CHAPTER 8: RAIN, DARKNESS, AND ANXIOUS WANDERERS
As the storm gets worse, Clym anxiously waits at Blooms-End, hoping for a reply to his letter- maybe
even a visit from Eustacia herself. He nonetheless falls asleep, only to be aroused by a female voice.
Eagerly, he opens the door, thinking Eustacia has returned, but it is instead Thomasin, looking pitiful,
with her baby in her arms. She reports that Wildeve means to run off with Eustacia, but he hasn't left yet;
she wants Clym to persuade him not to go. He agrees.
As Clym is dressing, Captain Vye appears next, looking for Eustacia. He has just heard from Charley
about the incident with the pistols, and fears that Eustacia has gone off to kill herself. Clym assures him
they will find her at Wildeve's, but Vye decides to return home to wait for her. Clym heads for The Quiet
For some time, Thomasin tries to wait patiently. But unable to endure the suspense, she finally
snatches up her daughter and plunges back into the pouring rain. Her journey is difficult, but her reaction
to the wild weather is, unlike Eustacia's, accepting and rational. Despite her familiarity with the heath,
though, she eventually gets lost, and, coincidentally, she comes upon Diggory Venn's empty van.
Suddenly, as if by magic, he appears. In the confusion of the stormy night, he doesn't recognize
Thomasin at first. In fact, he says, some other woman had just passed by, sobbing; Thomasin intuitively
knows it must have been Eustacia, and resolves to find her. Diggory takes the baby carefully, following
Thomasin's firm, brusque instructions. Notice that she seems much stronger with this man than with her
When they see a light, she thinks they've reached the inn, but Diggory stops her from heading on
alone, and saves her from falling into a deep swamp. Once again, Venn has protected Thomasin from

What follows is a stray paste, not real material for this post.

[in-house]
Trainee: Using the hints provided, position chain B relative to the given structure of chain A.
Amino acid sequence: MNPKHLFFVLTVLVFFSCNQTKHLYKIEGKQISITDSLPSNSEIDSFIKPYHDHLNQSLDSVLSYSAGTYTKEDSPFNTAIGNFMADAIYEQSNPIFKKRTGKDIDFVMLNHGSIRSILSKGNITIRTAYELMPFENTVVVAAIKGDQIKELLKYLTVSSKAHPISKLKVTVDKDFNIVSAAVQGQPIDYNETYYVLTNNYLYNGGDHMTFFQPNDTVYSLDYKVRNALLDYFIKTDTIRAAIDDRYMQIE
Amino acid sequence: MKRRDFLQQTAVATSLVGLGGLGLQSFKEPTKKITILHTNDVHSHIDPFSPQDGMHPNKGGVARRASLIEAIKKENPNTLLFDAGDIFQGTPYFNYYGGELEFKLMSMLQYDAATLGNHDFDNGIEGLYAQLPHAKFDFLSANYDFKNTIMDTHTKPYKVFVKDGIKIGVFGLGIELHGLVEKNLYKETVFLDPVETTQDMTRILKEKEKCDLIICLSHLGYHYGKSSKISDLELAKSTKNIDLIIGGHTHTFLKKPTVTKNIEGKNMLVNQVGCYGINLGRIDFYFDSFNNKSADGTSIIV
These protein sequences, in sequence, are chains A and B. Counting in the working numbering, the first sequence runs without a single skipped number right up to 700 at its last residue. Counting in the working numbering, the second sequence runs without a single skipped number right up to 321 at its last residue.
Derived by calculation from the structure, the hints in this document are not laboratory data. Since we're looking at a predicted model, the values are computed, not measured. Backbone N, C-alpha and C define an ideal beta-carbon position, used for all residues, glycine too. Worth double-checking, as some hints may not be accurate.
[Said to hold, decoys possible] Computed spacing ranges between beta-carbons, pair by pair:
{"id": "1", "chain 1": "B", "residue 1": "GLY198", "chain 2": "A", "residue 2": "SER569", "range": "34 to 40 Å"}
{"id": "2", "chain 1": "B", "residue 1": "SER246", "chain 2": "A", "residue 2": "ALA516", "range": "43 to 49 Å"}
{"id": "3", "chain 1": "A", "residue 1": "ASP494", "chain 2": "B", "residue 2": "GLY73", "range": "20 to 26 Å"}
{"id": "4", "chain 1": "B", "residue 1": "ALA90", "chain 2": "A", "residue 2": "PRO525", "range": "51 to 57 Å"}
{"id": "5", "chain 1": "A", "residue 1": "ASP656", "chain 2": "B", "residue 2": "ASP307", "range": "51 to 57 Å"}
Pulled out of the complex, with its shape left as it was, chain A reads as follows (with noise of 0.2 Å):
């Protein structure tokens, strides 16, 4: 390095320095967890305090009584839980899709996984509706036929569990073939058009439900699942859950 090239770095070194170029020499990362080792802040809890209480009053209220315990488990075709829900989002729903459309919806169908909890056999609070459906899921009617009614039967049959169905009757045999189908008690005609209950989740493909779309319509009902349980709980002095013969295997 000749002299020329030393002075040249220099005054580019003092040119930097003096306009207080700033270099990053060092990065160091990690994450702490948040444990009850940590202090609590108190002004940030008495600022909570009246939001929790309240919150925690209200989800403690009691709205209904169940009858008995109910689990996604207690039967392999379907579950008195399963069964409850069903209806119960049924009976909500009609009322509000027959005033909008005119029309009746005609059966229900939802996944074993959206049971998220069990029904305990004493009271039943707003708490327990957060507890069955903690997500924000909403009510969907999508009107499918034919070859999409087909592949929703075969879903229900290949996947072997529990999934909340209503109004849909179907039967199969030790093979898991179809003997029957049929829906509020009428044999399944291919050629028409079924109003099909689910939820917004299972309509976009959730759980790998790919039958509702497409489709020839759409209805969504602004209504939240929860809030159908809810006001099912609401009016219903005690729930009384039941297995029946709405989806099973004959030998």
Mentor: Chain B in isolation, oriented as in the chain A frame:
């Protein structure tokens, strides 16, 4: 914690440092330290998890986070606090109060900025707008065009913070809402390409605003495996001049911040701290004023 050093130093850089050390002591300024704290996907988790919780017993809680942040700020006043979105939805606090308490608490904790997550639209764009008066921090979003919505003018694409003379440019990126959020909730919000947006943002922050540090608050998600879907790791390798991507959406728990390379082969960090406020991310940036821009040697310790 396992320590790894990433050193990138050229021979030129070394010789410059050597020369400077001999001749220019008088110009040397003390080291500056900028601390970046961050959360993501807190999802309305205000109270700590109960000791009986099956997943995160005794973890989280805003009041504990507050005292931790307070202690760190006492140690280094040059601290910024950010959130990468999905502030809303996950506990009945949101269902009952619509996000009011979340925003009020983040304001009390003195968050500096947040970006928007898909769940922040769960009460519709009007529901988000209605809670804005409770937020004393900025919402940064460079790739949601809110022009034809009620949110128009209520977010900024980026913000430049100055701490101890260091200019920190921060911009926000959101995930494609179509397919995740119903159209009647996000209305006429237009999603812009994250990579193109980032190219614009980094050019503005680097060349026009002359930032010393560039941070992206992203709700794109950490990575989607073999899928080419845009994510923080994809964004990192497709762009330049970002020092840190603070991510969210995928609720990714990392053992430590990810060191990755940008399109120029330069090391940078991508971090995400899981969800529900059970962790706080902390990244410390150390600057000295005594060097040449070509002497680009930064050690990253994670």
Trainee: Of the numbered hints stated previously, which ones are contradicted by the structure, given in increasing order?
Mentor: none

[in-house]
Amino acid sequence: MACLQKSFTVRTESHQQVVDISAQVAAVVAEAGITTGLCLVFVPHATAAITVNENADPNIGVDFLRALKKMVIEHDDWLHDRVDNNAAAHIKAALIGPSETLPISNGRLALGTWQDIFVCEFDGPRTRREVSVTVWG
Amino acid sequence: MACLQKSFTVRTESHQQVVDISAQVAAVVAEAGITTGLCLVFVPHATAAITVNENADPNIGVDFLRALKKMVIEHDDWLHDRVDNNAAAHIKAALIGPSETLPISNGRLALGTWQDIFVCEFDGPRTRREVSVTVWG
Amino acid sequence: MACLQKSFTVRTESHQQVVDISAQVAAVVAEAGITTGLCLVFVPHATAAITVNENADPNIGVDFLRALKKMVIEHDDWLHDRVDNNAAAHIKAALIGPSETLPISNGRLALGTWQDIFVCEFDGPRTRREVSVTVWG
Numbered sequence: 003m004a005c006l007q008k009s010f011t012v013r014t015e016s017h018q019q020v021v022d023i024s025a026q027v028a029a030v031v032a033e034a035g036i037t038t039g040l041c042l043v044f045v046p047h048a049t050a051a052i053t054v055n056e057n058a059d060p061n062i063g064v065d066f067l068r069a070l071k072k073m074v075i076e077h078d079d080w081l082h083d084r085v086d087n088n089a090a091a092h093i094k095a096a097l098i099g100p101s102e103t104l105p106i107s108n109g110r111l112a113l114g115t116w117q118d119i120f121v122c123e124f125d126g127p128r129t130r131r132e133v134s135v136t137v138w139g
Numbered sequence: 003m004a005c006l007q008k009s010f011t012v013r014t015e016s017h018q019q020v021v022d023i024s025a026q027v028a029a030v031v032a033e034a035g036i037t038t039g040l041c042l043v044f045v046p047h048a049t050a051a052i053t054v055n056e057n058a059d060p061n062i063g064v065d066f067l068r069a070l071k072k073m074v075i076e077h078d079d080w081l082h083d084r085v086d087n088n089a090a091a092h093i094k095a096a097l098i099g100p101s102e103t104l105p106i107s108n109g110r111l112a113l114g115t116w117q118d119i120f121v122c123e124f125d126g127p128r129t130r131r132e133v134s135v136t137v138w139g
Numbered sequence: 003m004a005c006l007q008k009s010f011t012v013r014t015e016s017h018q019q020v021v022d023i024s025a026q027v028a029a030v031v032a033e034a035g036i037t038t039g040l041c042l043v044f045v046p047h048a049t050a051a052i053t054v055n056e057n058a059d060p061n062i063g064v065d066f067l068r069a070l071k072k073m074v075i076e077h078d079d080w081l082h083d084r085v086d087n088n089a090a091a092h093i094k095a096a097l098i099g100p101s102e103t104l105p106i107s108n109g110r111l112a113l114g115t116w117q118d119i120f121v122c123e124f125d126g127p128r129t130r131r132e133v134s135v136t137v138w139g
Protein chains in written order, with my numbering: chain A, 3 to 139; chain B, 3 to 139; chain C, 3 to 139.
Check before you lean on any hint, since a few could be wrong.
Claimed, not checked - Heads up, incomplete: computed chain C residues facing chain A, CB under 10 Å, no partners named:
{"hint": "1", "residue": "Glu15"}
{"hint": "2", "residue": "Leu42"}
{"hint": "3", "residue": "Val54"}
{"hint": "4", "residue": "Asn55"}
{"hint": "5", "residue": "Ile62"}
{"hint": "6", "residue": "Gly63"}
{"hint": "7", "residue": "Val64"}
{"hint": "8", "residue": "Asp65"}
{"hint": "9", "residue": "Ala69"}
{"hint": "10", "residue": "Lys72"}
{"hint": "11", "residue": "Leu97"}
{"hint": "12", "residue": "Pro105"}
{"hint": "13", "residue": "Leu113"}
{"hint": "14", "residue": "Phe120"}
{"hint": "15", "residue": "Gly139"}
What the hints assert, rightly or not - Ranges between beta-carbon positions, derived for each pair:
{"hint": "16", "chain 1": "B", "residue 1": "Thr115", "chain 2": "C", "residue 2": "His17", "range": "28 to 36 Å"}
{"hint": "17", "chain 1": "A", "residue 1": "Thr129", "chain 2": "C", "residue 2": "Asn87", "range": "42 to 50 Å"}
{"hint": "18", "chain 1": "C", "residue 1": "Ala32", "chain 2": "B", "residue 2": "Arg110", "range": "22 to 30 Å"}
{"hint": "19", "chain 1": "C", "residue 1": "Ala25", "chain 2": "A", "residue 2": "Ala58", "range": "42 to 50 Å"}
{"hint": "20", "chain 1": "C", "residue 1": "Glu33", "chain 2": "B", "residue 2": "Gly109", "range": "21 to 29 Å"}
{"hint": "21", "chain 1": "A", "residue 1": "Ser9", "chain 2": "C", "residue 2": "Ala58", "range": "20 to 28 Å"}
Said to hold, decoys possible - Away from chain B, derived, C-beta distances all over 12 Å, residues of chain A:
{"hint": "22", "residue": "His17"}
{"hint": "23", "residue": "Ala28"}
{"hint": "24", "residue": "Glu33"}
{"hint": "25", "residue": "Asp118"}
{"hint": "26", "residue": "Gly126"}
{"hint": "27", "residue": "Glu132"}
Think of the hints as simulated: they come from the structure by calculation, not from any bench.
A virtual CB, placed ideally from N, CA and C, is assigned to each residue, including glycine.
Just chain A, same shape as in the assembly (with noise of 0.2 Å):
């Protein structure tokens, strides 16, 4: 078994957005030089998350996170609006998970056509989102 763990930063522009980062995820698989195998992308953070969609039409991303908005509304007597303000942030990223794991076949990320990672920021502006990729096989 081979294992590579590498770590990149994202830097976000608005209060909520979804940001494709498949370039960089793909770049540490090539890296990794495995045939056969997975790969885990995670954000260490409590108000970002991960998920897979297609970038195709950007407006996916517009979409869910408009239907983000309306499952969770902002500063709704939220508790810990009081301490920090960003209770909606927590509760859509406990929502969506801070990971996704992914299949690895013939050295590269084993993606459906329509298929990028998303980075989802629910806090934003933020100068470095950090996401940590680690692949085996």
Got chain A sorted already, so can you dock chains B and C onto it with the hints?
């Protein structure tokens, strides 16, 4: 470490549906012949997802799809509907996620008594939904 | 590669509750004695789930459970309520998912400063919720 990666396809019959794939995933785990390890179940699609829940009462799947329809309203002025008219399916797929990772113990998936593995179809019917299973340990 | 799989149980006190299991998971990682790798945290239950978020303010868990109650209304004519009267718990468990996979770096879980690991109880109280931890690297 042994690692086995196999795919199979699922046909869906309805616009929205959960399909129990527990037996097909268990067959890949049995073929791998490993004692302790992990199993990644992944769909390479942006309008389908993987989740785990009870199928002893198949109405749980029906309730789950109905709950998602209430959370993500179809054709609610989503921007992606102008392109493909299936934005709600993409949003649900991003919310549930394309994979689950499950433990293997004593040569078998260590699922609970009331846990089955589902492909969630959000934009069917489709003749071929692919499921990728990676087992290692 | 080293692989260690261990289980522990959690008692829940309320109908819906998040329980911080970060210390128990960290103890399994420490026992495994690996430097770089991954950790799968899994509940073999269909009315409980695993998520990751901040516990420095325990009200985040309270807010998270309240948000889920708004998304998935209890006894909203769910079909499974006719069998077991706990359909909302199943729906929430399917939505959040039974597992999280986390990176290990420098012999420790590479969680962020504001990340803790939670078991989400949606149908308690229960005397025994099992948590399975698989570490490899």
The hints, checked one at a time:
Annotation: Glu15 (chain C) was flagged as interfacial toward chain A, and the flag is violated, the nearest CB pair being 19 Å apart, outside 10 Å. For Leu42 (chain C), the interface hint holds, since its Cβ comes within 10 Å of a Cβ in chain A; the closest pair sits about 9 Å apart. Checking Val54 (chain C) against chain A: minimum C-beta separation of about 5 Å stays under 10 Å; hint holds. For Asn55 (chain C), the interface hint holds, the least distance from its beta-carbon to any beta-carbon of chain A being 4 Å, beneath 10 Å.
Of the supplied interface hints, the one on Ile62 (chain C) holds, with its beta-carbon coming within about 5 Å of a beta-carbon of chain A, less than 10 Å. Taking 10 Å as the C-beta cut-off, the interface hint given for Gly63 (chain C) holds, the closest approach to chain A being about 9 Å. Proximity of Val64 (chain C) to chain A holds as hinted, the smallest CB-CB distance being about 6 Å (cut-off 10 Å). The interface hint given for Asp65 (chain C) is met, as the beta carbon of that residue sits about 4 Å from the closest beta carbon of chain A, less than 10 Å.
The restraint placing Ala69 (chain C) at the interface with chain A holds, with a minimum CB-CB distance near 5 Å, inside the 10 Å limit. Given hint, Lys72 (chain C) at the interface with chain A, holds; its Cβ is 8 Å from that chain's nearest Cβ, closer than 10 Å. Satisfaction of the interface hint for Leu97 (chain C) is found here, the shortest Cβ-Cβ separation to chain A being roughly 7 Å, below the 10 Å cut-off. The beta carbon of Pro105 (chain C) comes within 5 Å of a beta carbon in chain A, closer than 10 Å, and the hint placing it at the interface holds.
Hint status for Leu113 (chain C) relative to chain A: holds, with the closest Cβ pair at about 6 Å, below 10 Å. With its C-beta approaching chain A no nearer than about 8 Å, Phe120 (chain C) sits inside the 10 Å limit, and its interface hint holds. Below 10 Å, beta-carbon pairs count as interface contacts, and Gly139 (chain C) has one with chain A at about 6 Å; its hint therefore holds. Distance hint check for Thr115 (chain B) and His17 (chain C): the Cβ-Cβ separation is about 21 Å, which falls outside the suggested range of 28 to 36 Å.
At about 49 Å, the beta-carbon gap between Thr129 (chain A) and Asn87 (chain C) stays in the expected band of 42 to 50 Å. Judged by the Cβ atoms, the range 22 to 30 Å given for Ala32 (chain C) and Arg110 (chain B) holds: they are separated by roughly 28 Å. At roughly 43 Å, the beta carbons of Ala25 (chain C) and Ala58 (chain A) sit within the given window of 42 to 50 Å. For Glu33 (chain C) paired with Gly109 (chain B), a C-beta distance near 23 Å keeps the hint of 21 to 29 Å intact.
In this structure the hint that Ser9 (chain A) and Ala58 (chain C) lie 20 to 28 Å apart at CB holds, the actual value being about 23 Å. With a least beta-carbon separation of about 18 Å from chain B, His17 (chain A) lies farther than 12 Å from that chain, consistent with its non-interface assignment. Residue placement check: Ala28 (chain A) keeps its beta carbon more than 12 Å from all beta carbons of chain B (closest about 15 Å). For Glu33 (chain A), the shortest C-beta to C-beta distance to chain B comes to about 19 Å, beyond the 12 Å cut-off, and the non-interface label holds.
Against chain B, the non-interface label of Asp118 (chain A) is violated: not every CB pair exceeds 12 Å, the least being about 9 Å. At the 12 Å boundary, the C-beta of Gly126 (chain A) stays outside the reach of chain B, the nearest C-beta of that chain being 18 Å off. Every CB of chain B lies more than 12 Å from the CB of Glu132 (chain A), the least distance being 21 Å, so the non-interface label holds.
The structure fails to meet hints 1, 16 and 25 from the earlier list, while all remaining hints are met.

danger. Even so, she will not trust him with the secret of what is going on. Perhaps she simply is too
loyal, or too proud, to tell a man who loves her that her husband is about to run away.
CHAPTER 9: SIGHTS AND SOUNDS DRAW THE WANDERERS TOGETHER
Notice the purposely deadpan tone of this chapter title. Suspense is high, but Hardy pretends that
events are happening by themselves, that even he is not in control.
As we now learn, Wildeve had decided that money would solve everything. He planned to ease his
conscience by leaving half his inheritance to Thomasin; then Eustacia could share the rest with him.
Hardy, however, probably would not agree that money by itself is the answer to any human problem;
Wildeve is shallow and deluded. He is also being stood up. He waits in the rain with his horse and gig
until a quarter past midnight. At the sound of a footstep, he rushes forward, calling
"Eustacia?"; the light from his lamp falls upon Clym. Hardy seems to be stressing that the
unexpected is part of life. Wildeve awaits his love; instead, he finds her husband.
Suddenly, the two men are startled by the sound of a body falling into the nearby stream near a weir,
or small dam. Clym immediately senses it must be Eustacia, alarming Wildeve.
Together, the rivals rush to the circular pool below the weir. Swollen by the storm, it has become a
raging whirlpool. They glimpse a body in the water; Wildeve jumps in passionately, without thinking.
Typically, Clym acts more rationally, first positioning the lamp and then wading in from a shallow area.
Nonetheless, he too is drawn into the whirlpool.
Now Thomasin and Diggory arrive on the scene. Venn, hands the baby to Thomasin and tells her to
rush home for help. Notice the symbolism behind the actions of each character in this scene: just as in
their emotional lives, Wildeve is impulsive, Clym tries to be calm but is swept away, and Diggory plods
through competently to the end.
Finally, Diggory seizes a body and drags it out. It is a man, with another man clutching onto his legs.
As help arrives, the unconscious figures are laid upon the grass. It was Wildeve, holding on to Clym.
Some readers think Wildeve grabbed Clym to save himself; others think he was trying to drag Clym
down with him. Your answer will depend on your final assessment of Wildeve's character.
Quickly, the pool is probed with a pole, and an object is felt. Again, Venn goes into the water, and
comes up with Eustacia's cold body.
The three victims are taken back to The Quiet Woman and laid close to the fire. Eventually, Clym
alone comes back to life. Diggory, uncertain of the role he should play now, leaves and then wanders
back. Thomasin has thoughtfully left a message that Diggory should have whatever he wants. He stands
by the fireplace, pondering how things have changed since the raffle, the last time he was there. Like
Hardy, Diggory sees the future is uncertain, appearances can deceive, and there is no such thing in human
affairs as permanence. The nurse comes downstairs, to try to dry out the paper money found on Wildeve's